Guided Tours – From Shrinyin Yoku forest therapy tours to Botanical tours and, guided fly fishing float trips, and more, Jackson County offers ways for you to upgrade your adventure by booking a guided tour. Check out our Guided Tours/Experiences.

Biltmore Estate – Located in Asheville, North Carolina, the Biltmore Estate makes for a great day trip for the whole family. America’s Largest Home® is a 250-room French Renaissance chateau, exhibiting the Vanderbilt family’s original collection of furnishings, art, and antiques. Biltmore estate encompasses more than 8,000 acres including renowned gardens designed by Frederick Law Olmsted, the father of American landscape architecture. Tip: Save some money by booking your visit online at least seven days in advance.

Museum of the Cherokee Indian  – The Eastern Band of the Cherokee Indians have called Western North Carolina home for generations. Inspired by the beauty and ingenuity of the Cherokee people, this is a cultural and historical tour without equal, one fused with interactive video, intriguing displays, and a full sensory experience. Learn about their thriving Native American heritage told authentically.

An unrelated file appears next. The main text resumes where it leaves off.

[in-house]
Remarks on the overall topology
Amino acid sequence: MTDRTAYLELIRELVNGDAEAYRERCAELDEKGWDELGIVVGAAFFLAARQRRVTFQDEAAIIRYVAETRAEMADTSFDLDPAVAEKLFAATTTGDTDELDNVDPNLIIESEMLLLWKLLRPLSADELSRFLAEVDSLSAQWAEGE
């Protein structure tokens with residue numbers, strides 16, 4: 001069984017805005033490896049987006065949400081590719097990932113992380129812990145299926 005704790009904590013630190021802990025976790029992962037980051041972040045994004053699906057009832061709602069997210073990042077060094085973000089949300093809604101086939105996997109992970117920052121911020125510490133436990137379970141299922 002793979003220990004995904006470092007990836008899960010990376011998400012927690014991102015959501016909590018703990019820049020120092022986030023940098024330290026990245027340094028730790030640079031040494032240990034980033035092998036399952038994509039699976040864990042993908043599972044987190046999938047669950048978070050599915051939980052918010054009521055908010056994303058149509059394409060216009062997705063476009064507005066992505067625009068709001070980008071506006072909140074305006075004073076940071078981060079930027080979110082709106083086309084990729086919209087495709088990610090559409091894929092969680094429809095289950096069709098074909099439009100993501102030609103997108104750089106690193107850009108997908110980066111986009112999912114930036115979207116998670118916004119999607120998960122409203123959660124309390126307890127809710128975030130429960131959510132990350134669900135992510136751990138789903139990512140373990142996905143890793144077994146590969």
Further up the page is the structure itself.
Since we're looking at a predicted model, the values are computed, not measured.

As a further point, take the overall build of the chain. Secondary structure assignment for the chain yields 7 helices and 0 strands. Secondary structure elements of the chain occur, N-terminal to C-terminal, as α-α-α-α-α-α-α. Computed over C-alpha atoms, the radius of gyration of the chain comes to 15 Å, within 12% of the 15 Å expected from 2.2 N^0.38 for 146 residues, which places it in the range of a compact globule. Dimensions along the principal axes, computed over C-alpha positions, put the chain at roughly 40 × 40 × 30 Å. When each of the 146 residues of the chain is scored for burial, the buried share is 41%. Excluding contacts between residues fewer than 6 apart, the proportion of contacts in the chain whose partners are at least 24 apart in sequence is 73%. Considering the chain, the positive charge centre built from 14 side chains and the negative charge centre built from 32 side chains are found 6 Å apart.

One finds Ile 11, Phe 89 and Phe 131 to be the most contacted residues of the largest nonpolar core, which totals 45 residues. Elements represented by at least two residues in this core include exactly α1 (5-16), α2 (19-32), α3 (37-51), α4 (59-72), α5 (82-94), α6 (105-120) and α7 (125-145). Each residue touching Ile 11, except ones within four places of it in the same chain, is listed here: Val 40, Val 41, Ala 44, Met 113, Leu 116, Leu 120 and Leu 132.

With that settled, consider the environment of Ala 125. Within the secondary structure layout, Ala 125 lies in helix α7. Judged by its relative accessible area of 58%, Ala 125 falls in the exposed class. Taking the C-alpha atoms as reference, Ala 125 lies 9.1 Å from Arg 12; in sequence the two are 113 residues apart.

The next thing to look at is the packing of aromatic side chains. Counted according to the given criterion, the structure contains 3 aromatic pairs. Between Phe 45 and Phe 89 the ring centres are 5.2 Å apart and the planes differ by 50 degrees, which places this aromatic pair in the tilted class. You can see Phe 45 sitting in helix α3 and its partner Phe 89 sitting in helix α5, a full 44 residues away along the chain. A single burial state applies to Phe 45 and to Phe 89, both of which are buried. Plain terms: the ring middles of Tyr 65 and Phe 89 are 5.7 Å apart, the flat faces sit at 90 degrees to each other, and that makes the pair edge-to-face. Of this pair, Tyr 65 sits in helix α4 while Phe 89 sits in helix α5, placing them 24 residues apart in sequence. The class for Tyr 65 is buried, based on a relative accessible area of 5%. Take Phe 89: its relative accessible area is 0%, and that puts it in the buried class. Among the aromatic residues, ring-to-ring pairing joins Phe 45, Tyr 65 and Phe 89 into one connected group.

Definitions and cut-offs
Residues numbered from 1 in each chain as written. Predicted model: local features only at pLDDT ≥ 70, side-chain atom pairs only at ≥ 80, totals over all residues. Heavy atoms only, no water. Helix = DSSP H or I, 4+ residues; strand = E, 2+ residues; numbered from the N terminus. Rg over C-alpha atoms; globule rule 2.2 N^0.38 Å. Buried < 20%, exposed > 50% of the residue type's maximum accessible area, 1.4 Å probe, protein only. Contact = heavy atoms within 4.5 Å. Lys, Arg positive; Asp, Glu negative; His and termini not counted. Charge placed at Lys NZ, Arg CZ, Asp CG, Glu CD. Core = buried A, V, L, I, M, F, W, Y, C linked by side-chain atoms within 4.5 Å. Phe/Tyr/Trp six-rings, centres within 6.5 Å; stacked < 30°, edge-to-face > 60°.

Shopping – Jackson County offers many locally owned non-chain stores worth exploring. Find the perfect keepsake at one of our antique stores, Appalachian art galleries, or gift shops. Check out our ‘Shopping’ page for inspiration.

Rainy Day Must-Dos – Being in a temperate rainforest, it isn’t uncommon to experience rain on your trip. If you do, check out our ‘Rainy Day‘ Trip itinerary for some ideas!

 

Budget Bites     

During a day full of exploring, Jackson County is home to some fantastic bites for a great price. Check out The Coffee Shop in Sylva – Sylva’s oldest restaurant! Since 1926, The Coffee Shop has been serving up hometown fare. In Dillsboro, The Well House has been serving up gourmet soups, salads, and sandwiches and is a local favorite. Other places to grab a great bite for a great price are Mad Batter Kitchen, Cosmic Carryout, and in Cashiers, Whiteside Brewing and Slab Town Pizza. If you’re thirsty, make sure to explore our Jackson County Ale Trail, made up of six breweries across the county, or check out our wine and cocktail lounges.

Budget-Friendly Stays

Jackson County is home to a variety of accommodation options for an affordable price. During our “Secret Season,” January-March, our lodging partners offer specials and deals, giving you the best nights at the best price. Compared to regional cities, we provide comparable stays at a quarter of the cost, giving you more mountains for your money. Cozy up in a remote cabin or enjoy the charm of a mountain vacation rental or boutique hotel. Our location is perfect for your next mountain escape, as we’re in the middle of the most and offer the best free attractions in the area for only the cost of a tank of gas. Plan your trip today!

Feature Photo Courtesy @mandale95